Background: There is substantial interest in immunotherapy and biologicals in IgE-mediated food allergy.
Methods: We searched six databases for randomized controlled trials about immunotherapy alone or with biologicals (to April 2021) or biological monotherapy (to September 2021) in food allergy confirmed by oral food challenge. We pooled the data using random-effects meta-analysis.
Results: We included 36 trials about immunotherapy with 2126 mainly child participants. Oral immunotherapy increased tolerance whilst on therapy for peanut (RR 9.9, 95% CI 4.5.-21.4, high certainty); cow's milk (RR 5.7, 1.9-16.7, moderate certainty) and hen's egg allergy (RR 8.9, 4.4-18, moderate certainty). The number needed to treat to increase tolerance to a single dose of 300 mg or 1000 mg peanut protein was 2. Oral immunotherapy did not increase adverse reactions (RR 1.1, 1.0-1.2, low certainty) or severe reactions in peanut allergy (RR 1,6, 0.7-3.5, low certainty), but may increase (mild) adverse reactions in cow's milk (RR 3.9, 2.1-7.5, low certainty) and hen's egg allergy (RR 7.0, 2.4-19.8, moderate certainty). Epicutaneous immunotherapy increased tolerance whilst on therapy for peanut (RR 2.6, 1.8-3.8, moderate certainty). Results were unclear for other allergies and administration routes. There were too few trials of biologicals alone (3) or with immunotherapy (1) to draw conclusions.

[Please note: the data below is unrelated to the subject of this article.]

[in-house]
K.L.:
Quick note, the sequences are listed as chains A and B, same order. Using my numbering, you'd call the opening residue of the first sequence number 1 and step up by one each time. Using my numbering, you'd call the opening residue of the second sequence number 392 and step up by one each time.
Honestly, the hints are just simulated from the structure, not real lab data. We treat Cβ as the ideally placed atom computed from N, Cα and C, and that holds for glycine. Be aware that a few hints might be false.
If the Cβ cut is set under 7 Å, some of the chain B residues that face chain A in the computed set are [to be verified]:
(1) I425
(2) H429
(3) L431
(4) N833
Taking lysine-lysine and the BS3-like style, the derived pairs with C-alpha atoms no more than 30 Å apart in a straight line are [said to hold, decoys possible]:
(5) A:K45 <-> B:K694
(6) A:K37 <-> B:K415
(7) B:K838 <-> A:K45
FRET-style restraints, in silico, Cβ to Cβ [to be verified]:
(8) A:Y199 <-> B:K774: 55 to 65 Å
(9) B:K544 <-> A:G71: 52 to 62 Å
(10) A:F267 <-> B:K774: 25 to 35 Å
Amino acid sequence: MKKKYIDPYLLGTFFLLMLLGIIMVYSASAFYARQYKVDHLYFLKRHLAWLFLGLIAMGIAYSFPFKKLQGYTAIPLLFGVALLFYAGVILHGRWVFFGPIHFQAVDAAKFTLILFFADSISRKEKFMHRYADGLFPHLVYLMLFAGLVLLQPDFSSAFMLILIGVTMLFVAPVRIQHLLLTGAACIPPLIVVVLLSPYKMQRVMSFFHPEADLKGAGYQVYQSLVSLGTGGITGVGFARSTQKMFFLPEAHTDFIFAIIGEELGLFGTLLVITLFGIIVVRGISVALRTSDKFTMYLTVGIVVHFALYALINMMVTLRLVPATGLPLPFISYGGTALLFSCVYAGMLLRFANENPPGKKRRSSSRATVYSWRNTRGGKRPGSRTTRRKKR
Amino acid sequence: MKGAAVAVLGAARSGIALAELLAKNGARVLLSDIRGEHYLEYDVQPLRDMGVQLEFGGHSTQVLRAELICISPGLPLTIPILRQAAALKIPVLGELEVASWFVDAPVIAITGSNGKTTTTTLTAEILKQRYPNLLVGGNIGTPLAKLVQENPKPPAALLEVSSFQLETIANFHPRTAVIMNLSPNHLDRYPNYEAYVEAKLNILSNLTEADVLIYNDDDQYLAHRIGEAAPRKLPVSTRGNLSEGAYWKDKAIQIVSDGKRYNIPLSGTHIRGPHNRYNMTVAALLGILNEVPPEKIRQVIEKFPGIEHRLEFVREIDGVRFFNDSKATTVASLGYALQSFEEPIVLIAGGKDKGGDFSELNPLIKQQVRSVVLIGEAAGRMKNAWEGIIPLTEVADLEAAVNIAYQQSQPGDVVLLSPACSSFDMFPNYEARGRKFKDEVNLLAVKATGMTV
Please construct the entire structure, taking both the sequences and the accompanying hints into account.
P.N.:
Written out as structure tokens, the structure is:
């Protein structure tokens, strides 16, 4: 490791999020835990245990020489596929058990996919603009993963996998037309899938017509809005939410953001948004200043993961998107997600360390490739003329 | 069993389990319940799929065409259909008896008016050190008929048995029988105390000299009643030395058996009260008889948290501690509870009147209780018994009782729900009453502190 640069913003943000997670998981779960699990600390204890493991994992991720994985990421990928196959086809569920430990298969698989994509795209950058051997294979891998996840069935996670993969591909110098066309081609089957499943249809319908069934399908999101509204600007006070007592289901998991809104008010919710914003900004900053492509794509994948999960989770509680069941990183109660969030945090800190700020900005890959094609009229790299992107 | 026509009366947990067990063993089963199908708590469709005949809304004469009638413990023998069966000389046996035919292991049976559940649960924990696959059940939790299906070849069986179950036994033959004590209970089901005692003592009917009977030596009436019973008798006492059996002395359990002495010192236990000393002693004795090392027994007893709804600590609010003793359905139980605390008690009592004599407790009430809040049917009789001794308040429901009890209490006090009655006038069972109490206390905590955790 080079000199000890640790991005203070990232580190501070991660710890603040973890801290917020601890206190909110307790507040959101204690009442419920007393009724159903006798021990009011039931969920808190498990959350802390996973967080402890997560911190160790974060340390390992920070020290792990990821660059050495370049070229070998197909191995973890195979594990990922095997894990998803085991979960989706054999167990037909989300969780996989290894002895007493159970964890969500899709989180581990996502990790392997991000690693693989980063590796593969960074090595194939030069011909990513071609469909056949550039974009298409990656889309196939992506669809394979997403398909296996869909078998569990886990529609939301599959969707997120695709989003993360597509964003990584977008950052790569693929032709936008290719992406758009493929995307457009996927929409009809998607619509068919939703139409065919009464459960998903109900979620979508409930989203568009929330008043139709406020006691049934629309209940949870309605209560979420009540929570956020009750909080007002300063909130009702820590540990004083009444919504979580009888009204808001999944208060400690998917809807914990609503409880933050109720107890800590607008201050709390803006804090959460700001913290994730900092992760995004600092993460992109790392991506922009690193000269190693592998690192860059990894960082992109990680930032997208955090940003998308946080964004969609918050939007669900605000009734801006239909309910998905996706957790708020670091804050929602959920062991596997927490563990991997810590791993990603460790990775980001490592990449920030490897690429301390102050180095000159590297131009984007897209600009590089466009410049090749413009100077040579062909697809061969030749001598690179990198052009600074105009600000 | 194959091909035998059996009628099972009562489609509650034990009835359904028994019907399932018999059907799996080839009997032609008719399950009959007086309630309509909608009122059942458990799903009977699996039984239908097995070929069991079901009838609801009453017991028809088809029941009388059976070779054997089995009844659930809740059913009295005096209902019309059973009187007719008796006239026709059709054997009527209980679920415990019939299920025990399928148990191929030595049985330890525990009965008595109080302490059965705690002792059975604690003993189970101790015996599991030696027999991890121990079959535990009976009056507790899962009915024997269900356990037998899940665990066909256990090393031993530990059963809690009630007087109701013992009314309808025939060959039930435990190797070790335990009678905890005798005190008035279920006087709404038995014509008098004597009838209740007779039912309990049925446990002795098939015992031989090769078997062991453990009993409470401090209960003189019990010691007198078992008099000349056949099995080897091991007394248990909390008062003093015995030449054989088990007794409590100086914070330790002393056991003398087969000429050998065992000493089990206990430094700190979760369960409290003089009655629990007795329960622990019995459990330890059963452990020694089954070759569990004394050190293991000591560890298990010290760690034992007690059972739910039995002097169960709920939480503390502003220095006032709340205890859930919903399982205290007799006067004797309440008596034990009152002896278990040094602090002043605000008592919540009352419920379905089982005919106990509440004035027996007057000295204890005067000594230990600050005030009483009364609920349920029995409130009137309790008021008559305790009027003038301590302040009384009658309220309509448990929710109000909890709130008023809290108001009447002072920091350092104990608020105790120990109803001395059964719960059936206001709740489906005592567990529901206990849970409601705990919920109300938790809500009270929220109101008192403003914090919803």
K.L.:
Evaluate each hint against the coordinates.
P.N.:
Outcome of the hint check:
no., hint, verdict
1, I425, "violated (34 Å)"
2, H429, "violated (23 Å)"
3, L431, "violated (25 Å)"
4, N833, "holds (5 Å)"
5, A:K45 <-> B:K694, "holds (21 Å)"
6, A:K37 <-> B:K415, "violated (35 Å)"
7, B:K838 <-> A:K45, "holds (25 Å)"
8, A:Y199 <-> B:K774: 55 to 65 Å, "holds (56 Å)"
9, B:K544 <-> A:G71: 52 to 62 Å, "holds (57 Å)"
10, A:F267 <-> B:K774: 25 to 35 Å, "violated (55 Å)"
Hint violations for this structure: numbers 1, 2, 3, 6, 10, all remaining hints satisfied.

Conclusions: Oral immunotherapy improves tolerance whilst on therapy and is probably safe in peanut, cow's milk and hen's egg allergy. More research is needed about quality of life, cost and biologicals.
Keywords: IgE-mediated; biological; food allergy; immunotherapy; peanut.
© 2022 The Authors. Allergy published by European Academy of Allergy and Clinical Immunology and John Wiley & Sons Ltd.